It is fairly easy to romanticize people of bygone eras as people like to remember the heroes and forget about the gold Bricker's, the feather merchants, and the cowards. And as time goes by the memories of the latter individuals fades away. But be assured that they had them all the way back to the very first war.
Think about your own career, military or not. Everybody has seen this all around them for time immortal. There are those that will stand up and do the right thing in the face of adversity and those who will do whatever it takes to get out of doing that. Thirty four years in the Merchant marines taught me this. It was a rare ship that did not end up with a core of people that would pretty much do everything and everybody else was just there to fill out the manning scale.
But the people that have actually been in mortal combat and lived through it are a group aside. I think that they all remain haunted by it to one degree or another. Even Audie Murphy once said when asked how it felt to have lived through everything that he had. And he said that he was not sure that he really did live through it. He was haunted by it to his untimely death. Just sayin.
 

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The Founding Generation, as The Old Grey Hare so aptly named it, certainly had THEIR divisive times as well, imo. The signing of the Constitution was significantly delayed with the debating over slavery. Not many of the Colonists participated in the actual fighting and dying. Indeed, some were turncoats who betrayed freedom in the pursuit of 'safety' every chance they got.

The "Greatest Generation" got it's name from a news-reader / journalist named Tom Brokaw in a 1998 book called "The Greatest Generation". He felt that way because almost every single WWII combatant had also survived the Great Depression.

My Dad and his brother were 2 of those greatest. They both were raised during the Depression. My Uncle jumped into Normandy early D-Day morn and was captured at that fouled-up mis-drop called St. Mare-Eglise. My Dad joined the Airborne as soon as he was old enough because he wanted to single-handedly rescue his brother.

For the required 2A part of the story, they both told me they got to carry the Thompson sub-machine gun and the M1 Garand at various times during jumps while in the Army. As a kid, THAT fascinated me. The very first gun I ever fired was a Garand when I got my Boy Scout Marksmanship Merit Badge.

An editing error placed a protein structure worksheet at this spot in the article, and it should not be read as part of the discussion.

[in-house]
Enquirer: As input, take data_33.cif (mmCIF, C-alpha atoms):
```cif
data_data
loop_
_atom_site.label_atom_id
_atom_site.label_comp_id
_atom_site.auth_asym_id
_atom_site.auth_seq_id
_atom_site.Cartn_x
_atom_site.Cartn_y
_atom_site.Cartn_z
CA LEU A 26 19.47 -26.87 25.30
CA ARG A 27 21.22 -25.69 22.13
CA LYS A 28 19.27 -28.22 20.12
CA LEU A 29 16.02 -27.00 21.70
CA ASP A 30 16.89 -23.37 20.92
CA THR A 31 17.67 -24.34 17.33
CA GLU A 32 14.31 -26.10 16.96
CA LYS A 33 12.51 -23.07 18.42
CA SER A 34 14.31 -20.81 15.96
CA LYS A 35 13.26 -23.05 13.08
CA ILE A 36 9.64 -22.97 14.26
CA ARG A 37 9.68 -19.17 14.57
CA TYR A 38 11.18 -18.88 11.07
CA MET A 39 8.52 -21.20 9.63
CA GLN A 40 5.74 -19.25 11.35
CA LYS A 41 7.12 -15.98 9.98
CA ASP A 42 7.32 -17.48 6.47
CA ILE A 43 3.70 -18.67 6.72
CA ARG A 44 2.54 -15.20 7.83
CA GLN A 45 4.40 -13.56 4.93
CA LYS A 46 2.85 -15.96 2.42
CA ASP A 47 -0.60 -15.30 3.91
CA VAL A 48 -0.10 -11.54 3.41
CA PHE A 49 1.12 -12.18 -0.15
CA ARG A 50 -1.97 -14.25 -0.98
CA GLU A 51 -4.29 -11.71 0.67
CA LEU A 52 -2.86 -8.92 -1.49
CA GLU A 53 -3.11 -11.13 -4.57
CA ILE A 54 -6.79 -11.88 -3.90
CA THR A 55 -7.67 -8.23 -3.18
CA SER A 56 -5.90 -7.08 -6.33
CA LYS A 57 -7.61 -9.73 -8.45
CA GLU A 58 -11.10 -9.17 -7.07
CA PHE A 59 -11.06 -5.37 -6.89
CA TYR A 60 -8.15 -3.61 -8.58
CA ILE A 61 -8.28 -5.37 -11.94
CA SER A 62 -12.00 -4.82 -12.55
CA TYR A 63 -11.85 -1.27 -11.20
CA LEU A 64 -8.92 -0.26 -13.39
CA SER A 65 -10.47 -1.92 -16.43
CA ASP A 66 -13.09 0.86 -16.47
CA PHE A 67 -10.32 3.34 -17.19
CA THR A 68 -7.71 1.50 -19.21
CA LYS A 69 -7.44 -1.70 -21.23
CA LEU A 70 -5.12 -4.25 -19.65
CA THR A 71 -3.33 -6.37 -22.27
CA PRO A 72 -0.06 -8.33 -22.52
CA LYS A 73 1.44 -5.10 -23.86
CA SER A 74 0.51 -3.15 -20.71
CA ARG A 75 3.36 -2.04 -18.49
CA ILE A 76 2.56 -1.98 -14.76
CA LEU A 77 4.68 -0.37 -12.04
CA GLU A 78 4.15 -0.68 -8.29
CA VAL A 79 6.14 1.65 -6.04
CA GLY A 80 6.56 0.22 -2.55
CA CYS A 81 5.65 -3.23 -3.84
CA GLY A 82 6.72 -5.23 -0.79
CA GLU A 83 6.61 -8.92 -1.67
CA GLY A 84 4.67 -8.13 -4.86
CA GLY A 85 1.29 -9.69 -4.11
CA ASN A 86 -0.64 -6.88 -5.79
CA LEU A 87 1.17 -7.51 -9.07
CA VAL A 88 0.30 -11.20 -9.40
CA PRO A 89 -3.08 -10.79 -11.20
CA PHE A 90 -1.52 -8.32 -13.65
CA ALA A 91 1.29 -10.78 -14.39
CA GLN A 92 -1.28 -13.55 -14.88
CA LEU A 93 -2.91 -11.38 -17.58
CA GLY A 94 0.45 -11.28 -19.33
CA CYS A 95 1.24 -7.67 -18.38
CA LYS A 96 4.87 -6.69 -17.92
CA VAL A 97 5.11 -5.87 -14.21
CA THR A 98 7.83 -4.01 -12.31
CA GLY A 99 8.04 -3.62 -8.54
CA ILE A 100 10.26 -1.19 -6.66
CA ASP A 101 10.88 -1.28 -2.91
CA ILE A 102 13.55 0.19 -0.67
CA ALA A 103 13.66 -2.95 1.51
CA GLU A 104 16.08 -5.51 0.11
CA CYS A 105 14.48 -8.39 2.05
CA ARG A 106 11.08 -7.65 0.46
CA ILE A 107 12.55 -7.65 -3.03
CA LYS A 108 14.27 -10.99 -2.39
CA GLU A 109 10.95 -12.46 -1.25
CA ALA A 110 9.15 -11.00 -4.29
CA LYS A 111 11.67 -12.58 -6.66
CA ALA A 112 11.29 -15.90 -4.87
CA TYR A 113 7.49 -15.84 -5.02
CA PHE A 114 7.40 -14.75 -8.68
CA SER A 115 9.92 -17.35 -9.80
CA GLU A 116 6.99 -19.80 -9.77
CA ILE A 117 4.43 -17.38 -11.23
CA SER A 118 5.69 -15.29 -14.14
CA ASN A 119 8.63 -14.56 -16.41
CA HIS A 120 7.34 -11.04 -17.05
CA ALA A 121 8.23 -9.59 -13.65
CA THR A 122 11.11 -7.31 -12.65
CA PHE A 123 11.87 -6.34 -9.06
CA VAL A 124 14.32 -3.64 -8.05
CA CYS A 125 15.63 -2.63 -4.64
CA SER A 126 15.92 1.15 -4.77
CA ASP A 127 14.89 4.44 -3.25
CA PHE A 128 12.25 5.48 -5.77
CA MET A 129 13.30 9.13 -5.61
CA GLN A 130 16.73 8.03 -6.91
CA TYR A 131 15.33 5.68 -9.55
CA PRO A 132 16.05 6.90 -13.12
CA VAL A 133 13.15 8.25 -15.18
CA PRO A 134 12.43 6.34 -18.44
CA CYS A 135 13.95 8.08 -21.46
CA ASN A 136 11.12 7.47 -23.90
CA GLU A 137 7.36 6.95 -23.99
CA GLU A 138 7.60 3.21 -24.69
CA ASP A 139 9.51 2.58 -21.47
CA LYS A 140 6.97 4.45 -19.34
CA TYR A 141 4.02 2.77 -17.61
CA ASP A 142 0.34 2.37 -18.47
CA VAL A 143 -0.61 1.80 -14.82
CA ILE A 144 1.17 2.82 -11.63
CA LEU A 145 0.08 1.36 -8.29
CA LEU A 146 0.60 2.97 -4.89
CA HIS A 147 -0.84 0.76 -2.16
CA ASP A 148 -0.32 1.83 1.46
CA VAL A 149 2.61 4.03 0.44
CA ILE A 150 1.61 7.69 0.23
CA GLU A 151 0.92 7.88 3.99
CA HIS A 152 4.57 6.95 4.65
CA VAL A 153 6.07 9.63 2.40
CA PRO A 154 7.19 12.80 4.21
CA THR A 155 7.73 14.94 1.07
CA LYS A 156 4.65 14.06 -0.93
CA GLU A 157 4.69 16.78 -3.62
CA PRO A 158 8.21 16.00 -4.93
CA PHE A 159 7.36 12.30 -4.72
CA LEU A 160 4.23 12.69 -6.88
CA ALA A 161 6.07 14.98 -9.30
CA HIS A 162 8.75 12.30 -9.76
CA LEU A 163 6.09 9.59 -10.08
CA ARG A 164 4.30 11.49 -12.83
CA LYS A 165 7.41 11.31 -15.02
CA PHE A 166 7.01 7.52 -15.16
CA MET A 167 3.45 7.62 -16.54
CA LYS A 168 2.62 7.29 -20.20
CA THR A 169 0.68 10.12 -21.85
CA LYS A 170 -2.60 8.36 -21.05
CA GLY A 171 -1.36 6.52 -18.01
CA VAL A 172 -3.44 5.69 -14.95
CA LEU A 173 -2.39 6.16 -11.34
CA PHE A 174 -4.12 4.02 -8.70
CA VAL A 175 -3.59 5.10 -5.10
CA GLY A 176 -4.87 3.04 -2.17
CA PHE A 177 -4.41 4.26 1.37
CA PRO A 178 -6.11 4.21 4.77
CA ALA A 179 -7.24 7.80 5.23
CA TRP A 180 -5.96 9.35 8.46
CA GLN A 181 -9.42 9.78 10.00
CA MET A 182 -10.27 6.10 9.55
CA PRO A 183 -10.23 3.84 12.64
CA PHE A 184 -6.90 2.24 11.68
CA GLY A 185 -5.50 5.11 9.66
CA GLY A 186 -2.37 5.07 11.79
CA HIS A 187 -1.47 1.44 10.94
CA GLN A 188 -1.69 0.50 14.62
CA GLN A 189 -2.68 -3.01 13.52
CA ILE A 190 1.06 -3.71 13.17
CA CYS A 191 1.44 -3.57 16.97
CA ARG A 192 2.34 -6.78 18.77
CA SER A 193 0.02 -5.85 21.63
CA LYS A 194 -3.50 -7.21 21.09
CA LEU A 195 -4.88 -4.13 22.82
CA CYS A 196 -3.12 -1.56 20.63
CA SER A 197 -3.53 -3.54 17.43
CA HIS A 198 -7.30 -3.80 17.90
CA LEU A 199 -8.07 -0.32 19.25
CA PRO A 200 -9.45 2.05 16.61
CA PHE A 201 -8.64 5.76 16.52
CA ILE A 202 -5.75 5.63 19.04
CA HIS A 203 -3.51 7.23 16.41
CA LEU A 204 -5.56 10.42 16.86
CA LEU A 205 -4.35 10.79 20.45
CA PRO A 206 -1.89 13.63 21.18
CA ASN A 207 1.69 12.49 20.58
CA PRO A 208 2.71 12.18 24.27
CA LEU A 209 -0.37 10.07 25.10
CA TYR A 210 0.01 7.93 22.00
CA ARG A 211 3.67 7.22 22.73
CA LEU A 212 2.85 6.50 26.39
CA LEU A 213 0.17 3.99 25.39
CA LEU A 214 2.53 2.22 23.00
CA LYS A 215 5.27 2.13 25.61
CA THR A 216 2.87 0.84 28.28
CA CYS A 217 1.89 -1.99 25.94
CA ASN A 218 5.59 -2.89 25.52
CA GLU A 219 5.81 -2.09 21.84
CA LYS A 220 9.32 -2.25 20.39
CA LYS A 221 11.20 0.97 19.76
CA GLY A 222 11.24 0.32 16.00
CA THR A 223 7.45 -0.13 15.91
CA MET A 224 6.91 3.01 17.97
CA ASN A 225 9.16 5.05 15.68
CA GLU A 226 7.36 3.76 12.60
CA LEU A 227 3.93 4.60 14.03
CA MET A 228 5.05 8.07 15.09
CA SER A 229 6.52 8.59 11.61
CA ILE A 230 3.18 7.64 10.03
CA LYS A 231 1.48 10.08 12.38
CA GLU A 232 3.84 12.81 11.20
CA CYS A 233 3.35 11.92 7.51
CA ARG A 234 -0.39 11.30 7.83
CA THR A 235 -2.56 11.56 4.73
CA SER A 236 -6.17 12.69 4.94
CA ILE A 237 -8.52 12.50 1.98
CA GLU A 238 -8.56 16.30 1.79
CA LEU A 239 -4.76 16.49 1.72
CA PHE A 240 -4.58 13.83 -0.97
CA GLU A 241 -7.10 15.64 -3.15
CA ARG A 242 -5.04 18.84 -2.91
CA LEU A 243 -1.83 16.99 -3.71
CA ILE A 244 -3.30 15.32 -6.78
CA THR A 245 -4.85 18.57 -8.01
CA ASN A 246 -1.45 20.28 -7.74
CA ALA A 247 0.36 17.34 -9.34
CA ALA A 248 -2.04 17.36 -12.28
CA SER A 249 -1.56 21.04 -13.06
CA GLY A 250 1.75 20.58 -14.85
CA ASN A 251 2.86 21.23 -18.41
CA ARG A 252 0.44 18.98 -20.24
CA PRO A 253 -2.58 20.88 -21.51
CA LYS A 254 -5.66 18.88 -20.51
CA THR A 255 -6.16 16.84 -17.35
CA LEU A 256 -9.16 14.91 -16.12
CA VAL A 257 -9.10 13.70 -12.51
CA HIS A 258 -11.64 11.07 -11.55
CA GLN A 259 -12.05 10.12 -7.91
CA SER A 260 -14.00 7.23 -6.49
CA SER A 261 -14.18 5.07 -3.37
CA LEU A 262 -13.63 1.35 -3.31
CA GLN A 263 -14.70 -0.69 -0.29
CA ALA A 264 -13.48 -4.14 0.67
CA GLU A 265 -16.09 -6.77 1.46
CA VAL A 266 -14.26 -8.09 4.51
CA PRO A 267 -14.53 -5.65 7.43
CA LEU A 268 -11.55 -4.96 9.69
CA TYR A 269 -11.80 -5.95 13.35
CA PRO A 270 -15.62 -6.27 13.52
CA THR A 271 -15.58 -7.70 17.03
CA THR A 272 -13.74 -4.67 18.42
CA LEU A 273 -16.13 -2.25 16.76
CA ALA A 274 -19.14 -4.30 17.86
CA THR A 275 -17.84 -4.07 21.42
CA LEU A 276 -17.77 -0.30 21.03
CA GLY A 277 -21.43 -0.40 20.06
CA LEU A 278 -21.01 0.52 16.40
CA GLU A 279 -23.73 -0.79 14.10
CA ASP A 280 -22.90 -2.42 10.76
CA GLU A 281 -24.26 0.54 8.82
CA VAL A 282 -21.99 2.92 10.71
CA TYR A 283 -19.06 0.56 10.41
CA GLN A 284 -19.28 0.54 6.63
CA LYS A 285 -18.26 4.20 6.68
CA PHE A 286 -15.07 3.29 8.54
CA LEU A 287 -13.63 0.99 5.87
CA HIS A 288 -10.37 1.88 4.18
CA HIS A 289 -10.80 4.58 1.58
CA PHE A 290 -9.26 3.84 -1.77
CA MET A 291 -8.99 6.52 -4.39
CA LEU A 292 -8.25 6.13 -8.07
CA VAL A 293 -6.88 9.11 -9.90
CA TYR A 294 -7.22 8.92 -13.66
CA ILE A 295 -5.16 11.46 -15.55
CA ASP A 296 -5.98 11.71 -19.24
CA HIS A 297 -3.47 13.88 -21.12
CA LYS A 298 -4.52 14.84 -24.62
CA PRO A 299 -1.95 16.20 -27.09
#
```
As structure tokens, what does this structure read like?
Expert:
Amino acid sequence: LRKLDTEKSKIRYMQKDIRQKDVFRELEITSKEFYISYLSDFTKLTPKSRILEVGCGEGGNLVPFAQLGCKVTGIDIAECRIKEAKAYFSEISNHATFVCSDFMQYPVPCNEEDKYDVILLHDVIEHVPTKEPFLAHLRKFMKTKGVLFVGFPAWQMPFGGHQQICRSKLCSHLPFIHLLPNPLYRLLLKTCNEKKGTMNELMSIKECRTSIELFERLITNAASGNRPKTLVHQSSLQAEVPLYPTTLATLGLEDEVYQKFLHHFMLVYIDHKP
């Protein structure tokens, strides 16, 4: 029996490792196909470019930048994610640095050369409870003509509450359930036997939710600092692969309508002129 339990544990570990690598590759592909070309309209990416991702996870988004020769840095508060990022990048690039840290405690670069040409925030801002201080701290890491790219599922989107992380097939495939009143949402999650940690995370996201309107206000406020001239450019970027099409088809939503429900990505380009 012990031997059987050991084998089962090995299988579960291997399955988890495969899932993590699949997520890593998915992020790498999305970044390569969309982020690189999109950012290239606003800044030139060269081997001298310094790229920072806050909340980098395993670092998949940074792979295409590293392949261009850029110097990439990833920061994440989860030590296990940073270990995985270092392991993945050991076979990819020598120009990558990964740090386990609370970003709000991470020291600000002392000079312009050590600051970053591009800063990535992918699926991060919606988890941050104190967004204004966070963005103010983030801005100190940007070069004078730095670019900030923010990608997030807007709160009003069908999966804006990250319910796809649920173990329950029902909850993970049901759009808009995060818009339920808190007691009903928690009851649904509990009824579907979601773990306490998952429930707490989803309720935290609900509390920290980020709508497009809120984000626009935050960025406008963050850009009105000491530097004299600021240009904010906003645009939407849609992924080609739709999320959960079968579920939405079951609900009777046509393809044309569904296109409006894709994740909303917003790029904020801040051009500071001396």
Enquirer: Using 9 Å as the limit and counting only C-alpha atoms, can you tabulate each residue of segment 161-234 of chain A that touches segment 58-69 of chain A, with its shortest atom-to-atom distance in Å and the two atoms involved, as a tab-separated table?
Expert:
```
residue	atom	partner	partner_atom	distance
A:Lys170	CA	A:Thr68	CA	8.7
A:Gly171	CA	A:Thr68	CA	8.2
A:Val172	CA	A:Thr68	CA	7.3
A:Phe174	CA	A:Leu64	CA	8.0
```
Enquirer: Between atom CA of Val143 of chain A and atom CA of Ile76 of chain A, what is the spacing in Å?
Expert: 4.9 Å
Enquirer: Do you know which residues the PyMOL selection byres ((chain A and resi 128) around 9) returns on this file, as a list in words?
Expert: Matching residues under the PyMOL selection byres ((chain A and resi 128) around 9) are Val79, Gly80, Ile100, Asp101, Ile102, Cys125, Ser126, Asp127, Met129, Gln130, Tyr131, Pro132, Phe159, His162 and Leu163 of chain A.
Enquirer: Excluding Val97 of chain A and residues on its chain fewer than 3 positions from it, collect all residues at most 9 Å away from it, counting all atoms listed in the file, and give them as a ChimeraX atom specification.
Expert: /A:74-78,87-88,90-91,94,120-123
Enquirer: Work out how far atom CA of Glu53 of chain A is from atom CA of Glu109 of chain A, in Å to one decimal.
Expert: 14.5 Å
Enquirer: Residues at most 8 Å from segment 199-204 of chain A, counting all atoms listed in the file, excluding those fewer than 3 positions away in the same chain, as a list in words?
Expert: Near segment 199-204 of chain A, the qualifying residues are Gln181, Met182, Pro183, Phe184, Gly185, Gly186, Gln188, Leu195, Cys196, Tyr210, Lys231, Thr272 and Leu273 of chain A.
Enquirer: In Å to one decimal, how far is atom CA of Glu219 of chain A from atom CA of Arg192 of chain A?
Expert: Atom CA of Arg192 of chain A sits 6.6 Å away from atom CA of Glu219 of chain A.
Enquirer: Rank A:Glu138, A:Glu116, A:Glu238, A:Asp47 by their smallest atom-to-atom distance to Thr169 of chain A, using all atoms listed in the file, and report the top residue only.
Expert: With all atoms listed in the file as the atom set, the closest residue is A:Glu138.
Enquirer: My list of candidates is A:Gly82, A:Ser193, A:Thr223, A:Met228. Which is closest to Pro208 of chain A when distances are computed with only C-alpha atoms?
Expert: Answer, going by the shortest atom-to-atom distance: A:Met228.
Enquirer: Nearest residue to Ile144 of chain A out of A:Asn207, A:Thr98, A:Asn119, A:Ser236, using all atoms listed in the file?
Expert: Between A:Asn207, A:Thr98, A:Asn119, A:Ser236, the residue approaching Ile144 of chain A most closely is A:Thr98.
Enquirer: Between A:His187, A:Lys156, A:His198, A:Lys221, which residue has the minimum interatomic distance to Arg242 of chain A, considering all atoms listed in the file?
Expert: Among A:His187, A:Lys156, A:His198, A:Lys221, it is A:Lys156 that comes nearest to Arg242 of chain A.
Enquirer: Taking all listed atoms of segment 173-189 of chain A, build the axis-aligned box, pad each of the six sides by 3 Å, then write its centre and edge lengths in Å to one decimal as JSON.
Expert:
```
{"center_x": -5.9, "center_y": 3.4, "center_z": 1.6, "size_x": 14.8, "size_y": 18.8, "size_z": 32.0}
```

There is just 2 of their offspring left - me and my cousin. My cousin was an MP in the Army and spent two tours in the jungle in Nam, was sent INTO Khe Sahn in 1969 when everybody else was being sent out, served again in Desert Storm and also in Iraq war. I served 6 years but mine was entirely peacetime service.

I think the Greatest Generation is aptly named. I wouldn't want to change it. They are gone, but their offspring, my generation, still has plenty of fight in them and will be very willing to show it when in the course of Human Events it becomes necessary.
 

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I look at some of the little twits in the US now in subsequent gens and think these kids are not going to make it, I believe the Millennial and Z gens will lose this country. Soy-boys and wanna be girls or Trans or whatever they have been sold by the left will take them down. I am in Ann Arbor frequently and they are a jacked bunch of disillusioned kids. Most of the young males can’t even grow a beard. I have been going to A2 for years and have never seen so much gender ambiguity before that is so prevalent now. I was sitting at a restaurant downtown recently listening to some of the conversations and we are in trouble with theses gens as a country,

We have allowed the government and educational system to destroy our children and we are going to pay for it. They are absolutely clueless about American history the Fore Fathers, the Greatest Generation, really anything that makes our country unique. I am in the latter part of my life so I may be spared seeing the end of the Republic but it is in melt down as we post here. My Dad and Grandad both fought for this country. I can assure you now they would not put their lives on the line for what this country is rapidly becoming now. I certainly wouldn’t. I just don’t understand why we keep paying for these idiot politicians. You can’t effect change if you keep paying for business as usual. If the working productive half of the country said enough and stopped paying taxes this would bring about change posthaste.
 

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Although I have always loved the "Greatest Generation" concept -- as it includes my father -- I think a lot like one of the initial posters in this thread who remarked that every person that ever put on the uniform of his (and her) country were part of a greatest generation.

Every male in my family (on my father's side at least) as far back as I can trace has worn the uniform of his country and fought in the big wars (my father enlisted late in WW2, was recalled for Korea and my grandfather was wounded twice in World War 1, having fought in some of the most intense ground-fighting in that war -- Vimy Ridge and Passchendaele). Uncles and cousins on my mother's side fought in Viet Nam (other relatives on Mom's side fought for the Finns against both the Russians and the Germans in the Winter War, the Continuation War and the Lapland War).